Sunday, June 5, 2016

Taken by Surprise?

What astonishes you enough to stop and notice your world? It could be the ivy shadows on the bricks at dusk. Or a shining moment of generosity from your cheapskate brother. Or a hideous smirk of jealousy in this woman who’s always kind. 

Surprise happens when the outcome contradicts the assumptions or expectations. Who knew that evening light could make the house look so exquisite? Or that Mike could be so great, or Eve so naughty?

Aristotle said that “the secret to humor is surprise.” It’s also the secret to momentum. If readers can anticipate everything ahead, why continue reading?

Forward propulsion depends on wondering what happens next and worrying whether the character who magnetizes you will make the right choice. Surprise intensifies both wondering and worrying.

According to Dr. LeeAnn Renninger, co-author of Surprise: Embrace the Unpredictable and Engineer the Unexpected, “Research shows that surprise intensifies our emotions by about 400 percent, which explains why we love positive surprises and hate negative surprises.”

Whenever you astound your reader, you intensify emotion. Astound your character also ramps up emotional response, in turn, eliciting an even greater emotional response from the reader rooting for—or against—that character.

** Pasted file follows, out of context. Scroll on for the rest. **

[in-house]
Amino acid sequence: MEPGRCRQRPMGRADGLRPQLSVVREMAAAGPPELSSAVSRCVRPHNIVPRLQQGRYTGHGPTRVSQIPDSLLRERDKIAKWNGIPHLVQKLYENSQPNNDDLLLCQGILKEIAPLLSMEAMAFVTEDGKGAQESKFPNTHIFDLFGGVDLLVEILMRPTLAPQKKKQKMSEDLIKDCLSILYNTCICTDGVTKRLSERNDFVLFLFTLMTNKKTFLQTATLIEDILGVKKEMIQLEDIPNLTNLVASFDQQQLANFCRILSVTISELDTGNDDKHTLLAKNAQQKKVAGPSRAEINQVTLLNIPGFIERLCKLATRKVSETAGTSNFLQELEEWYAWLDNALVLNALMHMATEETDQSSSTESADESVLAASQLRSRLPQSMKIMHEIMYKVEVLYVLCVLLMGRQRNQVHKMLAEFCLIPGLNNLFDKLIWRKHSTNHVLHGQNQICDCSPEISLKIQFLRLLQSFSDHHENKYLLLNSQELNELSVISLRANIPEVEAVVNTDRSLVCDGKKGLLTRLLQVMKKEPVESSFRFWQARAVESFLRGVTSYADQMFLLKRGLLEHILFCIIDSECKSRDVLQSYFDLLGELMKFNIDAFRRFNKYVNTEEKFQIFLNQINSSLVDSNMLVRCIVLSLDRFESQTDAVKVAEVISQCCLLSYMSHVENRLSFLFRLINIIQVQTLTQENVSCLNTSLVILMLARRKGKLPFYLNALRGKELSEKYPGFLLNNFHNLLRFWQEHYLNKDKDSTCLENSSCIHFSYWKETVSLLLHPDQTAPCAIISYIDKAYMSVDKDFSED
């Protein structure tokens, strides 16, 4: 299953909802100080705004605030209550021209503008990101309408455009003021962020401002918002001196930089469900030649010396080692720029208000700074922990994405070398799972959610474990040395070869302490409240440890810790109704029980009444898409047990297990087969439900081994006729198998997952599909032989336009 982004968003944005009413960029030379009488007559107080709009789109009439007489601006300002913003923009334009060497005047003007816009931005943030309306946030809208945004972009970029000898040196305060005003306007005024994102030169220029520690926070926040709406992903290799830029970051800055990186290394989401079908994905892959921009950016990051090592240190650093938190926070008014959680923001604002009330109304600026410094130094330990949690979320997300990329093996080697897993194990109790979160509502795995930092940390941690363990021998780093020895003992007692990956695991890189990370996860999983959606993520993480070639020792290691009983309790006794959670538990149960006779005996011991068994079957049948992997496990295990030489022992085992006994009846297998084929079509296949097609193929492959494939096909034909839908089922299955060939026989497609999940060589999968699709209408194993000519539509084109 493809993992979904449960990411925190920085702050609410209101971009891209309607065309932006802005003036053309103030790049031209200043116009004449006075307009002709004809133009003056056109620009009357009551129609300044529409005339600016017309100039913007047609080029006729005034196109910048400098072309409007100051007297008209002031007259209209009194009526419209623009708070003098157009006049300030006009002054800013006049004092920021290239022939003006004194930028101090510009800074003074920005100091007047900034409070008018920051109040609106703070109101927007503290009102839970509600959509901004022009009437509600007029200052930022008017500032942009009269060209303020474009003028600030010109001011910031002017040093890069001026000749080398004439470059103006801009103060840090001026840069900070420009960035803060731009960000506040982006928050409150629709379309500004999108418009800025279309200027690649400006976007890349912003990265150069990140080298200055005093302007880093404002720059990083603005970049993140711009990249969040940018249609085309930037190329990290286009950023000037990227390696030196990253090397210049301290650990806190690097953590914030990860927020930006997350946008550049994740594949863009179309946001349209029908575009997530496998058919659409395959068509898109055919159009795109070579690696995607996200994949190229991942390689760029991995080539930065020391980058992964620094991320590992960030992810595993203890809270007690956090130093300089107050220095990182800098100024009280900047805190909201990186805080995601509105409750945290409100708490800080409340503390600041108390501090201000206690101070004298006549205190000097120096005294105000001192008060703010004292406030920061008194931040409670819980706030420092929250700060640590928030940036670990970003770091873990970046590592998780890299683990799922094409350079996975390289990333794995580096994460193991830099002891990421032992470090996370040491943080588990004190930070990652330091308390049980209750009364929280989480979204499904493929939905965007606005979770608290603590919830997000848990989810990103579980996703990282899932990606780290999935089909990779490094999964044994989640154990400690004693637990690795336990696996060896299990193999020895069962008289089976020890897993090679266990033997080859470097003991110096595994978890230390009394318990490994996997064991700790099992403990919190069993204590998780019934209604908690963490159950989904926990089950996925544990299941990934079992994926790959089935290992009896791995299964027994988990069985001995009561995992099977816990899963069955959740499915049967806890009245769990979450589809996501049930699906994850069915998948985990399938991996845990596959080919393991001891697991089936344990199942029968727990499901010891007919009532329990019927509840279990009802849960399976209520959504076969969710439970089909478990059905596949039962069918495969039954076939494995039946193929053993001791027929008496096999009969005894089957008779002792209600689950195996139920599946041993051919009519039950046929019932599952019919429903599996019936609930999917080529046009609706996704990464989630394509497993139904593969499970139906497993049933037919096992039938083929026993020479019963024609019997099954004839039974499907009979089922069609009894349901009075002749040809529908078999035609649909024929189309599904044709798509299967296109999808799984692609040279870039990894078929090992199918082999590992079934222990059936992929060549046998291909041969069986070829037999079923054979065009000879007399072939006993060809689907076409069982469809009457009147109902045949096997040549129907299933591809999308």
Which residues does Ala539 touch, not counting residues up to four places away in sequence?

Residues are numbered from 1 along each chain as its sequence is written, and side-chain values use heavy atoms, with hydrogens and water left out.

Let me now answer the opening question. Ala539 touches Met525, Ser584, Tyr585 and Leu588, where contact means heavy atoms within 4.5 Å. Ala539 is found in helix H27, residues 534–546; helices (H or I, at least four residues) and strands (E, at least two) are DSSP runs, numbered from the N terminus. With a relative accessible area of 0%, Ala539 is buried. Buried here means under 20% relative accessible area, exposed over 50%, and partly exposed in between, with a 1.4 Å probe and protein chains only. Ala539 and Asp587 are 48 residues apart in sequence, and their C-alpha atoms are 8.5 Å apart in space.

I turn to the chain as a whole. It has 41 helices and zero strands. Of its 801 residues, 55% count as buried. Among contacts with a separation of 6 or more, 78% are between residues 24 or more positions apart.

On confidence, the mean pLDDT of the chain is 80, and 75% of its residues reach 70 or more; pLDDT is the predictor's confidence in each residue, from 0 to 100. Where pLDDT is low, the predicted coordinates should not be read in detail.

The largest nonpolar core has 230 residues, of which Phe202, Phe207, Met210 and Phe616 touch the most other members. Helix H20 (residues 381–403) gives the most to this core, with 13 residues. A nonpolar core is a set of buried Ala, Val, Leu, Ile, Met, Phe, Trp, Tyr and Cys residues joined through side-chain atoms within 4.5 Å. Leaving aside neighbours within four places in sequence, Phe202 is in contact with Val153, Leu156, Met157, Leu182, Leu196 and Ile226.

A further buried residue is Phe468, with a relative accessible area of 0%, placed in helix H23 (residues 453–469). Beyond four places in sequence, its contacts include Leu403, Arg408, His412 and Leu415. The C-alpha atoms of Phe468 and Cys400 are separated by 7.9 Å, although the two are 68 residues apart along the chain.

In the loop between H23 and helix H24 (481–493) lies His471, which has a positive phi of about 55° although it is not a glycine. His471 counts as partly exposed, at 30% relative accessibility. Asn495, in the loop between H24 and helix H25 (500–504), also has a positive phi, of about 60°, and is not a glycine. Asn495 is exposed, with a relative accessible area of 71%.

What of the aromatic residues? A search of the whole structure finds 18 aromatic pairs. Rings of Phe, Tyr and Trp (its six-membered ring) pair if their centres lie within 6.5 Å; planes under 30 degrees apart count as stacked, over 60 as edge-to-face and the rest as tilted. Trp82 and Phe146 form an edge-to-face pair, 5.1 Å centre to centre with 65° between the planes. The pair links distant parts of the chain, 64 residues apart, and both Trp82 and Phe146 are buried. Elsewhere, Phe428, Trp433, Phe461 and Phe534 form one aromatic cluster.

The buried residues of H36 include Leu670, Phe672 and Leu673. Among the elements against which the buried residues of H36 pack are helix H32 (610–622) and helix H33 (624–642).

But why limit surprise to plot and characterization? Why not startle readers by planting it everywhere?  In your syntax, your imagery, what you omit and what you include.

For example, here’s Richard Powers from Galatea 2.2 on a highly advanced computer attempting to grasp human communication:

She balked at metaphor. I felt the annoyance of her weighted vectors as they readjusted themselves, trying to accommodate my latest caprice. You're hungry enough to eat a horse. A word from a friend ties your stomach in knots. Embarrassment shrinks you, amazement strikes you dead. Wasn't the miracle enough? Why do humans need to say everything in speech’s stockhouse except what they mean?”

Ashwin Sanghi observes that “Surprise is when a prime minister is assassinated during his speech. Suspense is when an assassin lurks while the prime minister speaks. Balancing surprise and suspense is the job of the thriller writer.” Absolutely. Except that the principle applies not just to authors of thrillers but to every novelist.

In the reality, there’s no correlation between surprise and causality. In fiction, though, set up makes surprise plausible.  Prepare the stage for surprise so readers can simply enjoy that 400 % increase in emotion without feeling manipulated by the improbable, convenient, contrived, forced, or false.

Tip: Readers adore surprises, but only if they never feel like cheating.

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